Dominic Baliszewski, of broadbandchoices.co.uk, said: "New technology always comes at a premium and with one network given early access it will unfortunately mean no competition on pricing, albeit only for a short time. We would urge mobile phone users to wait until all networks have 4G access and compare the packages available before rushing to make the switch.
"Surprisingly, many UK handsets will not actually support 4G technology so customers may have to upgrade to a completely new handset, adding additional cost to the switch. As 4G opens the floodgates for downloading, customers will need to make sure they do not get stung with excess download fees."
One major benefit of 4G is that it allows those living in remote areas to connect to the internet at speeds similar to fixed-line broadband. They would use a mobile-style dongle instead as currently, many homes and businesses in outlying areas of the UK are still stuck on creaking dial-up speeds with no access to the broadband technology enjoyed in big cities.
The introduction of 4G will allow devices to stream live TV on the move without lag or stuttering, let people work remotely just as if they were in an office and make video downloads available in seconds.
These 4G networks also have greater capacity potentially meaning more people can use them at the same time for data without a slowdown occurring.
James Walker, of Walker Ellis Associates Ltd, who took part in a 4G trial in Cumbria, said: "Rural areas are often marginalised due to their distance from the nearest telephone exchange and cable or fibre optic technology simply isn't viable in areas like this, so the rollout of 4G finally provides a real and viable solution."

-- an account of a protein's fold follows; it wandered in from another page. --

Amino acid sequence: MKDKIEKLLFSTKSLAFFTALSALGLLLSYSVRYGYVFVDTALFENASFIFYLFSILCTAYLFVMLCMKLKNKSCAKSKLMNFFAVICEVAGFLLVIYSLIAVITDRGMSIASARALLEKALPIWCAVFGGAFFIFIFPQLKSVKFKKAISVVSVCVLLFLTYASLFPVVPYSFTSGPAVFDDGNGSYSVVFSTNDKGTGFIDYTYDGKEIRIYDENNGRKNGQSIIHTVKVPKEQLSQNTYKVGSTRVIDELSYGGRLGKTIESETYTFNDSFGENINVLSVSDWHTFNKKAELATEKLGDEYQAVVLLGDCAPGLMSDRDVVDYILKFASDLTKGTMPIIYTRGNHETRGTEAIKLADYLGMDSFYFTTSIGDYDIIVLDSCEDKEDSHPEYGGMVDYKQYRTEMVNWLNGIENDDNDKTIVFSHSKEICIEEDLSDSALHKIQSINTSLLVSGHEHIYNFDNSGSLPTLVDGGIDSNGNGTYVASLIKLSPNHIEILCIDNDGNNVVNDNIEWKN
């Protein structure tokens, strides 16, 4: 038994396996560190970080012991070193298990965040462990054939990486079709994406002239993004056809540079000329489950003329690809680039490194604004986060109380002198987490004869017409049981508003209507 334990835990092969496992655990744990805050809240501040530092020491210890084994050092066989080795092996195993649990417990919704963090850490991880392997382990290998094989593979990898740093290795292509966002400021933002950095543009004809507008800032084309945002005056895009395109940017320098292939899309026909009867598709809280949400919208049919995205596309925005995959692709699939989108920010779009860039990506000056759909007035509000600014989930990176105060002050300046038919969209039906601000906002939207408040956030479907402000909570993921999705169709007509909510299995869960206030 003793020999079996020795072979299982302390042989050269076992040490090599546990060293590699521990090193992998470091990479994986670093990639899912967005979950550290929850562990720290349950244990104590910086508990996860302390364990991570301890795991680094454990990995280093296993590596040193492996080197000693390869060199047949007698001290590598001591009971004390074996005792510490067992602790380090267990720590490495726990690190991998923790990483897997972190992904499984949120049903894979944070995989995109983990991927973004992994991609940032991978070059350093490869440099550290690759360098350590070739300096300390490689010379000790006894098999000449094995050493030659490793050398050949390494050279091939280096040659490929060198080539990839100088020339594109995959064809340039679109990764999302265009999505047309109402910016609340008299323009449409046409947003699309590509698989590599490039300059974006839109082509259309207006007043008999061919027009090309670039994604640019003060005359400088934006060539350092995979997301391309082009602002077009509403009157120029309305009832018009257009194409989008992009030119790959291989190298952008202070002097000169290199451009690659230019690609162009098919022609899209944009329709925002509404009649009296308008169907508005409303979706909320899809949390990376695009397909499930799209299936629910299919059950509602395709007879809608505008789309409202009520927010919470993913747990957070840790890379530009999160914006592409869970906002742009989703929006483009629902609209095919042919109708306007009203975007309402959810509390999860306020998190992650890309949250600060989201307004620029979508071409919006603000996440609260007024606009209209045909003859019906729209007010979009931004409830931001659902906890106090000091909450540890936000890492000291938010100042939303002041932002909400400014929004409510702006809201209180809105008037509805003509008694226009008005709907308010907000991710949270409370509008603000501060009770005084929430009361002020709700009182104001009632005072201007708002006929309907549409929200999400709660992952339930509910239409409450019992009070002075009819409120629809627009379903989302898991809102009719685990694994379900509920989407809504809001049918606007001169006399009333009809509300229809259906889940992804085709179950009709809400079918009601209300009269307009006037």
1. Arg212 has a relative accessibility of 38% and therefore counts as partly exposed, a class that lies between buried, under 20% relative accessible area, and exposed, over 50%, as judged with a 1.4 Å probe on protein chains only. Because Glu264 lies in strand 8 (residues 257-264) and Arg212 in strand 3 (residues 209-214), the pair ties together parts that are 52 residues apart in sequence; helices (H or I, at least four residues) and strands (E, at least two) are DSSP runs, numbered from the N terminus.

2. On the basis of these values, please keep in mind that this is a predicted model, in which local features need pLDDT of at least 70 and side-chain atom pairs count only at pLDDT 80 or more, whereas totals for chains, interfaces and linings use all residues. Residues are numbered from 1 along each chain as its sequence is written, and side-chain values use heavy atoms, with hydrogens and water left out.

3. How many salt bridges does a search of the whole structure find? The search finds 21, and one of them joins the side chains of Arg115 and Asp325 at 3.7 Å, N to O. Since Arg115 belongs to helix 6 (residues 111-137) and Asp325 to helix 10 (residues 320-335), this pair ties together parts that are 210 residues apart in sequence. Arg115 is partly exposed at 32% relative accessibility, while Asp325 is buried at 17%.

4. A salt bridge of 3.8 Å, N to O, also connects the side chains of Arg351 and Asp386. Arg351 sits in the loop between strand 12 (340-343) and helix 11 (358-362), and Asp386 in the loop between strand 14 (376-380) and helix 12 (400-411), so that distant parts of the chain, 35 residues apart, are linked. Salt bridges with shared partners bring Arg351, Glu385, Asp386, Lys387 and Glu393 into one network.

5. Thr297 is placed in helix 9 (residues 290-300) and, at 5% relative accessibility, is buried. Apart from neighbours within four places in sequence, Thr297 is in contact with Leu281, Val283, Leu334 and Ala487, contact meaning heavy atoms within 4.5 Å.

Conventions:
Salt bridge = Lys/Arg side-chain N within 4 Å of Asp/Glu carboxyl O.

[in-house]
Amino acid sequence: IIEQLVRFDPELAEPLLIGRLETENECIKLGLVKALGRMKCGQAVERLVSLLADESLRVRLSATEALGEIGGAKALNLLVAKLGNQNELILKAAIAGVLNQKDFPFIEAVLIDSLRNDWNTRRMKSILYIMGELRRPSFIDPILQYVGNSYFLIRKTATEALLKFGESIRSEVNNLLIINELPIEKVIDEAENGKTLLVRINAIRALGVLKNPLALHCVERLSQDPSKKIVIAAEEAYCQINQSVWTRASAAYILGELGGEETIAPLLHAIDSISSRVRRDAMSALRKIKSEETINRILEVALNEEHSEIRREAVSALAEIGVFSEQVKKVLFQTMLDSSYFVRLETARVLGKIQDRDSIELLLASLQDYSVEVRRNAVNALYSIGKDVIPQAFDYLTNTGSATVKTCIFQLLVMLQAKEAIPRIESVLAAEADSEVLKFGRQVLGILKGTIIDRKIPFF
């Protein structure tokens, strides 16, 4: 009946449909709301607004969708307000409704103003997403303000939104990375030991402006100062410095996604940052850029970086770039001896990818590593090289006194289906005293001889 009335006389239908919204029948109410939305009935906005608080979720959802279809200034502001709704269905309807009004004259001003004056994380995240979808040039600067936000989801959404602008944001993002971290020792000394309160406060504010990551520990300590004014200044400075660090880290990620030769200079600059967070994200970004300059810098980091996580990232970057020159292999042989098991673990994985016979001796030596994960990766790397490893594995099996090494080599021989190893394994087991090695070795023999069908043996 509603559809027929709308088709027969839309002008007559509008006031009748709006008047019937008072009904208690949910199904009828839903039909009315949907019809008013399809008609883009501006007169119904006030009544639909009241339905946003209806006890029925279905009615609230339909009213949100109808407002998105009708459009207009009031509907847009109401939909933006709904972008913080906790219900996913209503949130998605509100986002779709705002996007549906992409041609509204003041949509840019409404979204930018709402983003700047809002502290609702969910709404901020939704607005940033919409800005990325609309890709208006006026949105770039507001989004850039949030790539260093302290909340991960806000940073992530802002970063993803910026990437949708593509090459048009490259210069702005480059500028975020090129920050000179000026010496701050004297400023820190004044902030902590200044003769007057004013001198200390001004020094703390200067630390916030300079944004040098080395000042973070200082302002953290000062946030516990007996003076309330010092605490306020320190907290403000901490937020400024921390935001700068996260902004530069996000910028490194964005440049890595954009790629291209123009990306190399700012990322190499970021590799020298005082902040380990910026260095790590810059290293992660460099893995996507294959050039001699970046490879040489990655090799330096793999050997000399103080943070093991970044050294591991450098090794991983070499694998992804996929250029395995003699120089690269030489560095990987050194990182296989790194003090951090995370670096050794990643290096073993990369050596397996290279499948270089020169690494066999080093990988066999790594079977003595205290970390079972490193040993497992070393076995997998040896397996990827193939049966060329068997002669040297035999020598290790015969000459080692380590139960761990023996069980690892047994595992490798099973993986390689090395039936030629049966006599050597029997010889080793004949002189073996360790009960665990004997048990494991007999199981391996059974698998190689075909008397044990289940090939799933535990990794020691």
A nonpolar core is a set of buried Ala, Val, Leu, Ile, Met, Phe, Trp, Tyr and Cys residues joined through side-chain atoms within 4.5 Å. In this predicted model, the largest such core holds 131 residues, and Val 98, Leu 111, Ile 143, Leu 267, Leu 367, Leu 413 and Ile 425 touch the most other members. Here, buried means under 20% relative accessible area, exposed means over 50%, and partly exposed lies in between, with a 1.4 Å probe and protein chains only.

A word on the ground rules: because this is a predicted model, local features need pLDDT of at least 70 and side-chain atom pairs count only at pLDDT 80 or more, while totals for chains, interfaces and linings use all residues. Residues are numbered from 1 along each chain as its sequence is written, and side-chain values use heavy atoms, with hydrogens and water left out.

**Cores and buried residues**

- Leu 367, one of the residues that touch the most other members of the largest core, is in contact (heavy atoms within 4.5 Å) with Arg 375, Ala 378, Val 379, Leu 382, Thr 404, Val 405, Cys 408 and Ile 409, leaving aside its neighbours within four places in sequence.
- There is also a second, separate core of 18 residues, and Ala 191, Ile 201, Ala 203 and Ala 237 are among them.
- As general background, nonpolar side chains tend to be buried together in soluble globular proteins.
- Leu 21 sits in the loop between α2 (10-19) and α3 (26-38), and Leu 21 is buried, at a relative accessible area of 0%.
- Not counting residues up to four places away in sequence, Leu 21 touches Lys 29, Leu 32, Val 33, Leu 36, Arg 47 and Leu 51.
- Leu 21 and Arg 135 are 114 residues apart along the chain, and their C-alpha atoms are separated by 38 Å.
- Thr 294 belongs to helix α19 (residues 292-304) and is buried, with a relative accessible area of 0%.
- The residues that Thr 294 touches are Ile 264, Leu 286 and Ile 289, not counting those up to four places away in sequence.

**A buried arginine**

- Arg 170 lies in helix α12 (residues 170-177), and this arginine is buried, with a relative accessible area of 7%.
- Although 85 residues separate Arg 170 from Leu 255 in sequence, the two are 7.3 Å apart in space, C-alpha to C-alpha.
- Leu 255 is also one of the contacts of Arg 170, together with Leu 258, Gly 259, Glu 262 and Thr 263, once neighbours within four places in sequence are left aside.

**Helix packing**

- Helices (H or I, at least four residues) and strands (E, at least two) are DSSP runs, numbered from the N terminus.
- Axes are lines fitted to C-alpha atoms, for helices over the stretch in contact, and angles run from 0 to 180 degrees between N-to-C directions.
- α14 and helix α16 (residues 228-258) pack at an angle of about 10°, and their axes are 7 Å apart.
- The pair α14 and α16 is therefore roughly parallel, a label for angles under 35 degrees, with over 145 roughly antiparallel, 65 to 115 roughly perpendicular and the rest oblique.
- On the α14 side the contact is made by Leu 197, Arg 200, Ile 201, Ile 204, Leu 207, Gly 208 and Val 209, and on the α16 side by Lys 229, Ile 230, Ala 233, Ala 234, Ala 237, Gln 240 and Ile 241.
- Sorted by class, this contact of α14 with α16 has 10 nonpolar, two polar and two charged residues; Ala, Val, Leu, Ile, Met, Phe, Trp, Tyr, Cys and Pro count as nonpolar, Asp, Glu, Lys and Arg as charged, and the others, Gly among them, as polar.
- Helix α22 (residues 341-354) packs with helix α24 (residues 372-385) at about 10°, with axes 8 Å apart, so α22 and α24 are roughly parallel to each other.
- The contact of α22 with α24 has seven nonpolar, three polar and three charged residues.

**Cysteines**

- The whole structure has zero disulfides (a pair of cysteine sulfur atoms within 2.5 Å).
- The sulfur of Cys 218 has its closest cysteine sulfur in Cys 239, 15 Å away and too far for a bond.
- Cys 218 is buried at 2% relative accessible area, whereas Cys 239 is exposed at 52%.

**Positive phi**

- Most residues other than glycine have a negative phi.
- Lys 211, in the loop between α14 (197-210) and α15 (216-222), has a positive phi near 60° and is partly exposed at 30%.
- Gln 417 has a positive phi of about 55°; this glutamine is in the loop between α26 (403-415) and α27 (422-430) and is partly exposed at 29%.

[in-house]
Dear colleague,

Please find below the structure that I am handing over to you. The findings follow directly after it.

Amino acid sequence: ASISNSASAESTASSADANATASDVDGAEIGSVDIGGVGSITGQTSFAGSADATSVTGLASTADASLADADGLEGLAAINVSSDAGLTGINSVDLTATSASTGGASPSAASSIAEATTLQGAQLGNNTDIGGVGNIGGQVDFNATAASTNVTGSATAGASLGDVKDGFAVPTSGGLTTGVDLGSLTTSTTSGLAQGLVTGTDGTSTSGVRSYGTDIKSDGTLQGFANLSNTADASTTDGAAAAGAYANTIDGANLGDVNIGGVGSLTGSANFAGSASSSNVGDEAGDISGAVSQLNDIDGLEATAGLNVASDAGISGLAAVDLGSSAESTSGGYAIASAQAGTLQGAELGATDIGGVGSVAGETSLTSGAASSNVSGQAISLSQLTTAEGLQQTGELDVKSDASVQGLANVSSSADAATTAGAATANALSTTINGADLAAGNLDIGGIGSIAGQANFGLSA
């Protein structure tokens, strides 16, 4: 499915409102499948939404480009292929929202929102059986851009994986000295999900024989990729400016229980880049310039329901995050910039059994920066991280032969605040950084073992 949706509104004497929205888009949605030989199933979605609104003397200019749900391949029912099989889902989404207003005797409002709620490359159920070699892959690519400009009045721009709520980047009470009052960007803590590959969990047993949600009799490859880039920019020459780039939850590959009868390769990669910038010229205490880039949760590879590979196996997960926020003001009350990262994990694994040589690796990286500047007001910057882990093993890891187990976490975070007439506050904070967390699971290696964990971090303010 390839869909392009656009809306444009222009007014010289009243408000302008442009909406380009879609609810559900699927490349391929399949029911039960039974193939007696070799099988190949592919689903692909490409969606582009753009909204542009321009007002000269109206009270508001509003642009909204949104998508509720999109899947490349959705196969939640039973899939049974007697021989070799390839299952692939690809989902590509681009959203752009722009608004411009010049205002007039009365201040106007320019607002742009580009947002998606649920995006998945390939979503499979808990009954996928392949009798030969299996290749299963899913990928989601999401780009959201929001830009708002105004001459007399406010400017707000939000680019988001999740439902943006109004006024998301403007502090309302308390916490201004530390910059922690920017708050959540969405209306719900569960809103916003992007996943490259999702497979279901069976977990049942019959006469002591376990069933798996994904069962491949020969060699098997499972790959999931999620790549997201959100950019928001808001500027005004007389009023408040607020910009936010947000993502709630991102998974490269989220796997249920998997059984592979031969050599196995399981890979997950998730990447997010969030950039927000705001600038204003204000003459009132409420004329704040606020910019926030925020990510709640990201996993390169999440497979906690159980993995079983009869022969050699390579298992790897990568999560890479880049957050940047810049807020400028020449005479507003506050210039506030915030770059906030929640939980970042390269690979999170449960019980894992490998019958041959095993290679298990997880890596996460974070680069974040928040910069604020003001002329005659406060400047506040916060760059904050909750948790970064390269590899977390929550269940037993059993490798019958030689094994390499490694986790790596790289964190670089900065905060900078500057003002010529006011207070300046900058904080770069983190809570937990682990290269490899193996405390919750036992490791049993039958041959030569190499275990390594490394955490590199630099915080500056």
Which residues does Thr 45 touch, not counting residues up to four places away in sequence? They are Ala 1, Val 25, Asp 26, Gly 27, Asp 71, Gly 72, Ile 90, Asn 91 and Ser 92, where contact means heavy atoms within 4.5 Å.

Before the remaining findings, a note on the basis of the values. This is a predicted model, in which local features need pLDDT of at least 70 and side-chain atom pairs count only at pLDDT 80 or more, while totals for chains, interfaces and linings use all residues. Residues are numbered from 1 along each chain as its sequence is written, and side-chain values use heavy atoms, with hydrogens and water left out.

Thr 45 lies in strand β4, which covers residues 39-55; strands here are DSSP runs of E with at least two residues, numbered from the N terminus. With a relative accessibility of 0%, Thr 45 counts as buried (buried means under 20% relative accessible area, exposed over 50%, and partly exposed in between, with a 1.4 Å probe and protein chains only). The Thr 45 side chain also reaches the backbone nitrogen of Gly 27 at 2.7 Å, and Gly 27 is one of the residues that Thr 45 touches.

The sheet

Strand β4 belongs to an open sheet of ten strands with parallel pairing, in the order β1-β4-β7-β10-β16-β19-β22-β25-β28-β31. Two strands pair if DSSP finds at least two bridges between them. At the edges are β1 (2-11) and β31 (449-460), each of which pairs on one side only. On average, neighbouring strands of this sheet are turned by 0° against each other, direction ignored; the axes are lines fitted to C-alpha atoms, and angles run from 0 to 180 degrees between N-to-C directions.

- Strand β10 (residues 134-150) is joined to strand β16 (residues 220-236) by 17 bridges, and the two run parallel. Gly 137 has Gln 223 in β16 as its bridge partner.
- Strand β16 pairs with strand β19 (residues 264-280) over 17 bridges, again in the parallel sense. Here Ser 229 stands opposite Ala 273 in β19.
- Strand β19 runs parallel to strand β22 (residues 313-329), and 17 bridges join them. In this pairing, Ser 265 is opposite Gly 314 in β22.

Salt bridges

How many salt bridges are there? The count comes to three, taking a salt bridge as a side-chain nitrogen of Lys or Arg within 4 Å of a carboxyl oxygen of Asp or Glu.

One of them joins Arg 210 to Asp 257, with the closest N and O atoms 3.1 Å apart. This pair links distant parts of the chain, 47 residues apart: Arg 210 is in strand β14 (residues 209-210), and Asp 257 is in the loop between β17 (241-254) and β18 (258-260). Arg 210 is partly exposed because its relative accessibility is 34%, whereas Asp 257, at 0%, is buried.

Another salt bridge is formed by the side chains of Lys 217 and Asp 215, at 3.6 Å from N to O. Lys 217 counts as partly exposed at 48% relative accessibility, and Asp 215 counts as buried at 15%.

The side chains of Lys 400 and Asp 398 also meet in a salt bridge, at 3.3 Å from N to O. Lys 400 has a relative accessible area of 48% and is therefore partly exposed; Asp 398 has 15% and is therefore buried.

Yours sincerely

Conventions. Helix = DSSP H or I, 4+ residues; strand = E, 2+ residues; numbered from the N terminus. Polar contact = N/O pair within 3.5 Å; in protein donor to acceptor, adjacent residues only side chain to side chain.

Rory Stewart, MP for Penrith & The Border, added: "This has the potential to allow people here in Penrith and the Border to get the most from their mobile phones
when introduced; and is of course yet another triumph in our long-running campaign to get improved internet infrastructure and access into our remoter communities."
The future competitiveness of business in the UK and the growth of our economy could also be boosted by 4G, it is claimed.
Richard Alvin, whose company owns Business Matters magazine, said: "We spend a huge amount of our time with the owners and managers of small and medium-sized businesses across the whole of the UK.
"As much as we try and educate and inform them on the advantages of using social media to grow their sales and cloud computing and mobile devices to run their businesses more efficiently, if they cannot connect to Facebook or Twitter or their connection speeds are so slow that these modern business tools are impossible, it is like they are trying to run and grow their business with their hands in handcuffs.
"Business in 2012 is mobile and social, and for that to happen in the UK we need fast and reliable connectivity. Without it we will be overtaken by the countries whose government and telecoms providers have take the forethought to invest in the technology to enable businesses to grow."